Mother’s Day is a wonderful day to celebrate our mothers and all they do for us each day. And if you’re a teacher, spending a day to focus on this holiday through lessons, books, and crafts is a great way to teach about families, love, and thankfulness for those around us. But not all children have a mother at home or at all, which makes it more challenging to do a Mother’s Day lesson.
If you have a child in your class who has no mother, don’t shy away from Mother’s Day activities. This child is already aware that her family is different, and making her feel included will help give her a positive attitude towards this holiday. Instead, highlight the ways that mothers love and help us, and show your class that other family members and friends in our lives can do those things, too. This can even be helpful for kids who have moms that may not be as present in their lives as they would like.
You can choose to either include a specific alternative family dynamic as you talk about Mother’s Day that’s tailored to the child who doesn’t have a mother, or take a broader approach and talk about all different kinds of families. Start by eliciting responses from your students to the question, “What do mothers do for us?” or “Why do we love our moms?” After you get answers, discuss with your students the fact that others can do those jobs too and make us feel loved.
If you have a single father or two-father family in your class, show the similarities between mothers and fathers. Explain that dads love their kids just as much as moms and work hard to care for them. If the child without a mother has a grandmother who cares for her, teach your students that grandmothers are mothers, too. This is a wonderful approach even for kids with mothers to illustrate the bonds of extended family. This approach can be tailored to fit whatever type of family the child has.
Don’t shy away from meeting with the child’s family ahead of time as well. Explain that you’ll be doing a Mother’s Day lesson, and ask how this holiday is handled in the child’s home. You may get some wonderful ideas to incorporate into your classroom celebration.
Stories are a wonderful way to teach your class about all sorts of families. And when a child sees her family structure on the page, it helps her feel included and special. These books all deal with alternative family structures but focus on what’s important in a family: love.
All Families Are Special by: Norma Simon
When a teacher asks her students to describe their families, she gets all sorts of answers. The children come from all sorts of homes, from a mom and dad to grandparents to same-gender parents to stepparents. The book mentions divorce, death of a parent, and adoption, but all in a loving and positive way. This book is perfect for a discussion on family.
Daddy, Papa, and Me by: Leslea Newman
Some families have two dads, and this board book highlights that special relationship. The story follows a toddler and two dads as they spend a fun and loving day together. It’s perfect for kids who have two fathers and for showing those who don’t that this type of family is just as special and has just as much love.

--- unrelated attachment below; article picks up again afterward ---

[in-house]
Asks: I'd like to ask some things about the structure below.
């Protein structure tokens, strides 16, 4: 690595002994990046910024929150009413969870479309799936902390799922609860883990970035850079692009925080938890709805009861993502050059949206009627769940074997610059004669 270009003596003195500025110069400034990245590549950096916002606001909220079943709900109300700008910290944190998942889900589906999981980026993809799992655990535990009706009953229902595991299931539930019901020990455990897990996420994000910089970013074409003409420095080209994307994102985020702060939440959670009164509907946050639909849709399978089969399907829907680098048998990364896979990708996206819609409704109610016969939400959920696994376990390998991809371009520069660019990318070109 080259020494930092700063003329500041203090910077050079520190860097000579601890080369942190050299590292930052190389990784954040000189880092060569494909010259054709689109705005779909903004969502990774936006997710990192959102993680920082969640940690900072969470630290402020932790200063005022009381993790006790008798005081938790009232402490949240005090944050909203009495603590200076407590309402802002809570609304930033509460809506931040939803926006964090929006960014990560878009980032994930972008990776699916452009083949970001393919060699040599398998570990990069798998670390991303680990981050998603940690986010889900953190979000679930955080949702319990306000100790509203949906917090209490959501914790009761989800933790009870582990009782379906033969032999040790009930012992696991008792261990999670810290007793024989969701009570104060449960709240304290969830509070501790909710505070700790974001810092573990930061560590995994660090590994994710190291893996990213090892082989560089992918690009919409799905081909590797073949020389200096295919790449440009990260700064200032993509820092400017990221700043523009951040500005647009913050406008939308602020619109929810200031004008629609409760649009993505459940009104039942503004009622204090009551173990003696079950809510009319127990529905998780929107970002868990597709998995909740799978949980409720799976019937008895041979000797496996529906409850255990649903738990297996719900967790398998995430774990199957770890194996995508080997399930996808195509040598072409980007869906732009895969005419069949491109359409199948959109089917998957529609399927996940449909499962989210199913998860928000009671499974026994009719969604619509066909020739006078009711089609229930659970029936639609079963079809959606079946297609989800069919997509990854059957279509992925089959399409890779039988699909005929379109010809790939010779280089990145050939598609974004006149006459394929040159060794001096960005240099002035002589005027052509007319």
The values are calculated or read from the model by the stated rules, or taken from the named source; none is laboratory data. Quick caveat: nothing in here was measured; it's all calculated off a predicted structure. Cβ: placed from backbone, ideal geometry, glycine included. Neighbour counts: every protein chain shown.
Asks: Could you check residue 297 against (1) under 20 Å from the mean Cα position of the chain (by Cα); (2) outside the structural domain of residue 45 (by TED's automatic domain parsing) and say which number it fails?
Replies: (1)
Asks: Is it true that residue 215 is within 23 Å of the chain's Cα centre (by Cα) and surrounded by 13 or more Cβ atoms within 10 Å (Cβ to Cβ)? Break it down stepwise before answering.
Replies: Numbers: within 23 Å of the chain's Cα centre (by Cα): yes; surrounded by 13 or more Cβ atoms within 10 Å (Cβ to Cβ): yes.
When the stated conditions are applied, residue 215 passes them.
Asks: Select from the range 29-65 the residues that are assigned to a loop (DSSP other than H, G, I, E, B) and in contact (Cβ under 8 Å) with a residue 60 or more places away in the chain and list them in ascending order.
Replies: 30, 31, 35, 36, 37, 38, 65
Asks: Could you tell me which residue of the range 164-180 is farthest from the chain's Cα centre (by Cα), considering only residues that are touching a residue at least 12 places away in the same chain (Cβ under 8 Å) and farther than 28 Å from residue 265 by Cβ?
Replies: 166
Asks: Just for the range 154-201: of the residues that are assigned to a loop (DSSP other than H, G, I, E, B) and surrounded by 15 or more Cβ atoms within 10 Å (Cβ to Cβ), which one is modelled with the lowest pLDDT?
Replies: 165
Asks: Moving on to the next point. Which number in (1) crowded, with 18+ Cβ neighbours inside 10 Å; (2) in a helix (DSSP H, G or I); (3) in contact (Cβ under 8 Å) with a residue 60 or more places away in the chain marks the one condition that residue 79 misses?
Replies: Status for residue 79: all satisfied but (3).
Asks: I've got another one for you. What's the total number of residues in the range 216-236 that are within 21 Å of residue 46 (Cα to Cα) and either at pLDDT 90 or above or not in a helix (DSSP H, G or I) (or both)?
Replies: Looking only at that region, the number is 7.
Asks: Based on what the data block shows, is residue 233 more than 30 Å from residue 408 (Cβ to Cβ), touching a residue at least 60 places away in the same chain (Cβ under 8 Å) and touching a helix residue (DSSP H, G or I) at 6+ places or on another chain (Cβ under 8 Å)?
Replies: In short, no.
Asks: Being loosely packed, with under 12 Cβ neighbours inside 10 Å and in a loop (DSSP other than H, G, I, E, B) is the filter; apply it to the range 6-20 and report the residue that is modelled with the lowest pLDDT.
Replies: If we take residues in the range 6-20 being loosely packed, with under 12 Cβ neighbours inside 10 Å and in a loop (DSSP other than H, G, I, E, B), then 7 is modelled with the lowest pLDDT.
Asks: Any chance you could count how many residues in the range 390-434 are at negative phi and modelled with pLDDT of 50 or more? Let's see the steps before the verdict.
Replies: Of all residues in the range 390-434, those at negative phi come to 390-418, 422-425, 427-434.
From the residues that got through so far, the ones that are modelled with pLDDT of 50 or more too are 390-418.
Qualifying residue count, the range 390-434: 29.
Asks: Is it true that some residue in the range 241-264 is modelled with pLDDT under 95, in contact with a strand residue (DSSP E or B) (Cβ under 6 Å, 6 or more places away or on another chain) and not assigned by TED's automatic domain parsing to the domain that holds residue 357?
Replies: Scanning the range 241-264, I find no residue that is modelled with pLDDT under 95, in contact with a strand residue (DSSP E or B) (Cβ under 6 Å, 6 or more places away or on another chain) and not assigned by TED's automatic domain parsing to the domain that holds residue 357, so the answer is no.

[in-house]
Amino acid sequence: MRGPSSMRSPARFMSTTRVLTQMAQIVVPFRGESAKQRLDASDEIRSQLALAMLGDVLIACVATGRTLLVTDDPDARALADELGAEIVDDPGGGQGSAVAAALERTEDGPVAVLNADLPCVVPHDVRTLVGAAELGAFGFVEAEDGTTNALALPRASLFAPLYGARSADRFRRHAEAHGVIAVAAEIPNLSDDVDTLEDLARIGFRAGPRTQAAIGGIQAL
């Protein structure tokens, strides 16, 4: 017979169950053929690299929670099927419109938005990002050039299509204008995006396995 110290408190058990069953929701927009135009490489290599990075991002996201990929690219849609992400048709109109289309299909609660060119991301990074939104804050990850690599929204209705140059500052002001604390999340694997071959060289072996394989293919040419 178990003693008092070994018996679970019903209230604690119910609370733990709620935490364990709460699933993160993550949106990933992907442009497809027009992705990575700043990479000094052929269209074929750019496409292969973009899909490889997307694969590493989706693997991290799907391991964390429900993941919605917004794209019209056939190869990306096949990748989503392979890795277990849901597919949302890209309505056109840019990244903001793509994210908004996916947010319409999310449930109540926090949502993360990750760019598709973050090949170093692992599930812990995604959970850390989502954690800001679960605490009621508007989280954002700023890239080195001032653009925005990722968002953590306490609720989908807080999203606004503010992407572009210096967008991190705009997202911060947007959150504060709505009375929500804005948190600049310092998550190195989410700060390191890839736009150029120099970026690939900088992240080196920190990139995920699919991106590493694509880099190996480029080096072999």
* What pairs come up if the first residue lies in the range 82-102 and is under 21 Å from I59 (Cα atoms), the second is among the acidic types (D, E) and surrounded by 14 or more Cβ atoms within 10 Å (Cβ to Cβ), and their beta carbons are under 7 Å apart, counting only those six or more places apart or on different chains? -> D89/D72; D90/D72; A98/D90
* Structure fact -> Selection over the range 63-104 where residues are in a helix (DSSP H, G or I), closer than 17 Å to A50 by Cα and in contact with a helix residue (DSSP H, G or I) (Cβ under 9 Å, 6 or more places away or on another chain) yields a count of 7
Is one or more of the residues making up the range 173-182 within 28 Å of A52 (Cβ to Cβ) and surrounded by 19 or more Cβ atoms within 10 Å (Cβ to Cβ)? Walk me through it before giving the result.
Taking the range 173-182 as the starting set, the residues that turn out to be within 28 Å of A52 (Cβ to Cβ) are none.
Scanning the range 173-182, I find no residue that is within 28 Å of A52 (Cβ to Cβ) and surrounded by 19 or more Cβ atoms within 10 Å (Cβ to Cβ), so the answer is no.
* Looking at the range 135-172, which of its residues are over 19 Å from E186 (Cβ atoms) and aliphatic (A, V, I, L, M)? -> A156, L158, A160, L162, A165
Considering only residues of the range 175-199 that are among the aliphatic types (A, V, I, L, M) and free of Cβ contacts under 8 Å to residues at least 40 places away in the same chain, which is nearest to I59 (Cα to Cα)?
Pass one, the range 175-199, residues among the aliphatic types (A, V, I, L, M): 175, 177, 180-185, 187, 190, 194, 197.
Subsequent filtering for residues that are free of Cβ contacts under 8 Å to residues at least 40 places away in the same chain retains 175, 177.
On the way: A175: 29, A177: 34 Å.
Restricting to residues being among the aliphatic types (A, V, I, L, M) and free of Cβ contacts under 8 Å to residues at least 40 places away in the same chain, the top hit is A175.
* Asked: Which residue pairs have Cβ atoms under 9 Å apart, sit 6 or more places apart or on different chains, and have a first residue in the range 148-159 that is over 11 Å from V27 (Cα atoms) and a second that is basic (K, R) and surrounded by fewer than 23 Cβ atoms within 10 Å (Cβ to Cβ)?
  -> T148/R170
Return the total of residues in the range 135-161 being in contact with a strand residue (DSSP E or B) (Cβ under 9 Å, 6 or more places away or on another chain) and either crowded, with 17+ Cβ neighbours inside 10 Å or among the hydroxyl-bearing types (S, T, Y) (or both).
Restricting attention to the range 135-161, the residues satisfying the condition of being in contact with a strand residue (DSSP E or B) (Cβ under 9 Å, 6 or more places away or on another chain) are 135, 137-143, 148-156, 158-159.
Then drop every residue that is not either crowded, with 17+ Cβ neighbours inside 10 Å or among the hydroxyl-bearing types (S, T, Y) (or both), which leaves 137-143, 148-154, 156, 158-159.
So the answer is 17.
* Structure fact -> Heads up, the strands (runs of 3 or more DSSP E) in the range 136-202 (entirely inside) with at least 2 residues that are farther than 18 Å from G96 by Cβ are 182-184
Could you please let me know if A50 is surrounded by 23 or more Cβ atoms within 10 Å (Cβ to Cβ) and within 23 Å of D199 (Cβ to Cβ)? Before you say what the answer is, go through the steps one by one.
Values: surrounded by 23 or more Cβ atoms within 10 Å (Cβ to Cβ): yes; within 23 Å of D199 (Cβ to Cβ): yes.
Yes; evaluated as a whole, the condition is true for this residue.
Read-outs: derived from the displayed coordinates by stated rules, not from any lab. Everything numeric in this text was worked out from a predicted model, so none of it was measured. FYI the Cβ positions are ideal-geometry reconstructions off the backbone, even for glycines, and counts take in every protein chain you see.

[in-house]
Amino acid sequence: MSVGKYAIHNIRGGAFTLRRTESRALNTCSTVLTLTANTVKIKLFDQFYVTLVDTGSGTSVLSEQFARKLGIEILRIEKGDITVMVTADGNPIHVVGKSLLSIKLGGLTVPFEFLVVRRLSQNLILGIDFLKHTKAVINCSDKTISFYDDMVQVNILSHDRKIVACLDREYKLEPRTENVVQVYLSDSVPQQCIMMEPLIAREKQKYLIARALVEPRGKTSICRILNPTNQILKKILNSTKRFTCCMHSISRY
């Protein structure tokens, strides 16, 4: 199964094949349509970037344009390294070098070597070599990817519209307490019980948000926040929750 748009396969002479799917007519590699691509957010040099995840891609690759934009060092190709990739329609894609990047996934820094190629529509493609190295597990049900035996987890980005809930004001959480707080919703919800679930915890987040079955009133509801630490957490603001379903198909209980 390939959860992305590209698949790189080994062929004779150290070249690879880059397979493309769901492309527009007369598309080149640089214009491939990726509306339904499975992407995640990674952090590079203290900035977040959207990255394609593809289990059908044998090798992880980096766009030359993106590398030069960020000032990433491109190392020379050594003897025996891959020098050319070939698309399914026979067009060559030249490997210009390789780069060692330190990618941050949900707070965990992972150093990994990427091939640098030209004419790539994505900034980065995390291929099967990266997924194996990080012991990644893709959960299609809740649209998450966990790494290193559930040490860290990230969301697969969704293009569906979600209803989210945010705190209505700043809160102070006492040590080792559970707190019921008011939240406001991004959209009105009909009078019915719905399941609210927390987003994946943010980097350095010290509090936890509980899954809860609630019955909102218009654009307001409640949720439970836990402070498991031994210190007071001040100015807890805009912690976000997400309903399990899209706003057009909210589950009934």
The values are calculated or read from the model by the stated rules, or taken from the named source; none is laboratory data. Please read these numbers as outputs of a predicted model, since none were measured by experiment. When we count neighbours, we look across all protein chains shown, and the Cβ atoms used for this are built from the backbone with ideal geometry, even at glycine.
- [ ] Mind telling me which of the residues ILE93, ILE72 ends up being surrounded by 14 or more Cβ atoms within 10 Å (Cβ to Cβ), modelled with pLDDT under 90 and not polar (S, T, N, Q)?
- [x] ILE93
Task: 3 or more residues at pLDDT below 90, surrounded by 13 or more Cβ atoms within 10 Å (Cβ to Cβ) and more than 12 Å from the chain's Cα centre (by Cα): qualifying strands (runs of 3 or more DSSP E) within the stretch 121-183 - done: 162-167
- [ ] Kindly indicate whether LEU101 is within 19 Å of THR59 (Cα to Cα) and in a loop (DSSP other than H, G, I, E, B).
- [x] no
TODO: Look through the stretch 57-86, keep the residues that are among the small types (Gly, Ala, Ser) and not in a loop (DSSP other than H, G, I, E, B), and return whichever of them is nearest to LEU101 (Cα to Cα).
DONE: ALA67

The Daddy Book by: Todd Parr
If you have a child in your class being raised by her dad, this book is perfect. It highlights all of the wonderful things dads do for us, including jobs that are still stereotypically “mom” jobs, like baking cookies or housework. The story is an excellent companion to a discussion about daddies filling the roles and jobs that mommies do, especially when there’s no mommy at home.
Many Mother’s Day crafts and activities are wonderful, so don’t abandon them if you have a child with no mother in your class. Instead, make sure the craft can be altered to reflect whatever type of family that child has. Many times it’s as easy as changing the word “Mom” to “Dad” or “Grandma.” Those who love and care for that child will appreciate being recognized for all that they do to be a “mother” to that child.
If you are looking for activities with broader appeal, try these Mother’s Day activity ideas:
‘¢ Thankful Flower Bouquet‘”Start by cutting out a paper flower pot and writing whichever family member you are thankful for on it. Most children will write “Mom,” but those without a mother can choose whomever they’re thankful for in their family. Then have children choose 3 to 5 paper flowers and write one thing they’re thankful for about that person on each one. Glue each flower to a green pipe cleaner and glue the pipe cleaners to the back of the pot. You then have a beautiful bouquet celebrating mom or another family member for Mother’s Day.
‘¢ Love Collage‘”give each child a piece of paper with various-sized hearts on it. Instruct the children to draw a family member in each one. At the bottom, the paper can say, “Our Home is Full of Love” or “I Am Thankful We Love Each Other.”
‘¢ Medal of Honor‘”give each child a piece of paper with a blank medal or award ribbon on it. Instruct the children to draw a picture of their mother or other caregiver in the middle. At the bottom, the paper can read, “My __________ is the Greatest!” Fill in the name of the person in the medal for each child.
If you take the time to consider the dynamics of your students’ families, it will enhance your Mother’s Day classroom celebration by teaching your students that families come in all shapes and sizes, which is a wonderful lesson for everyone to learn.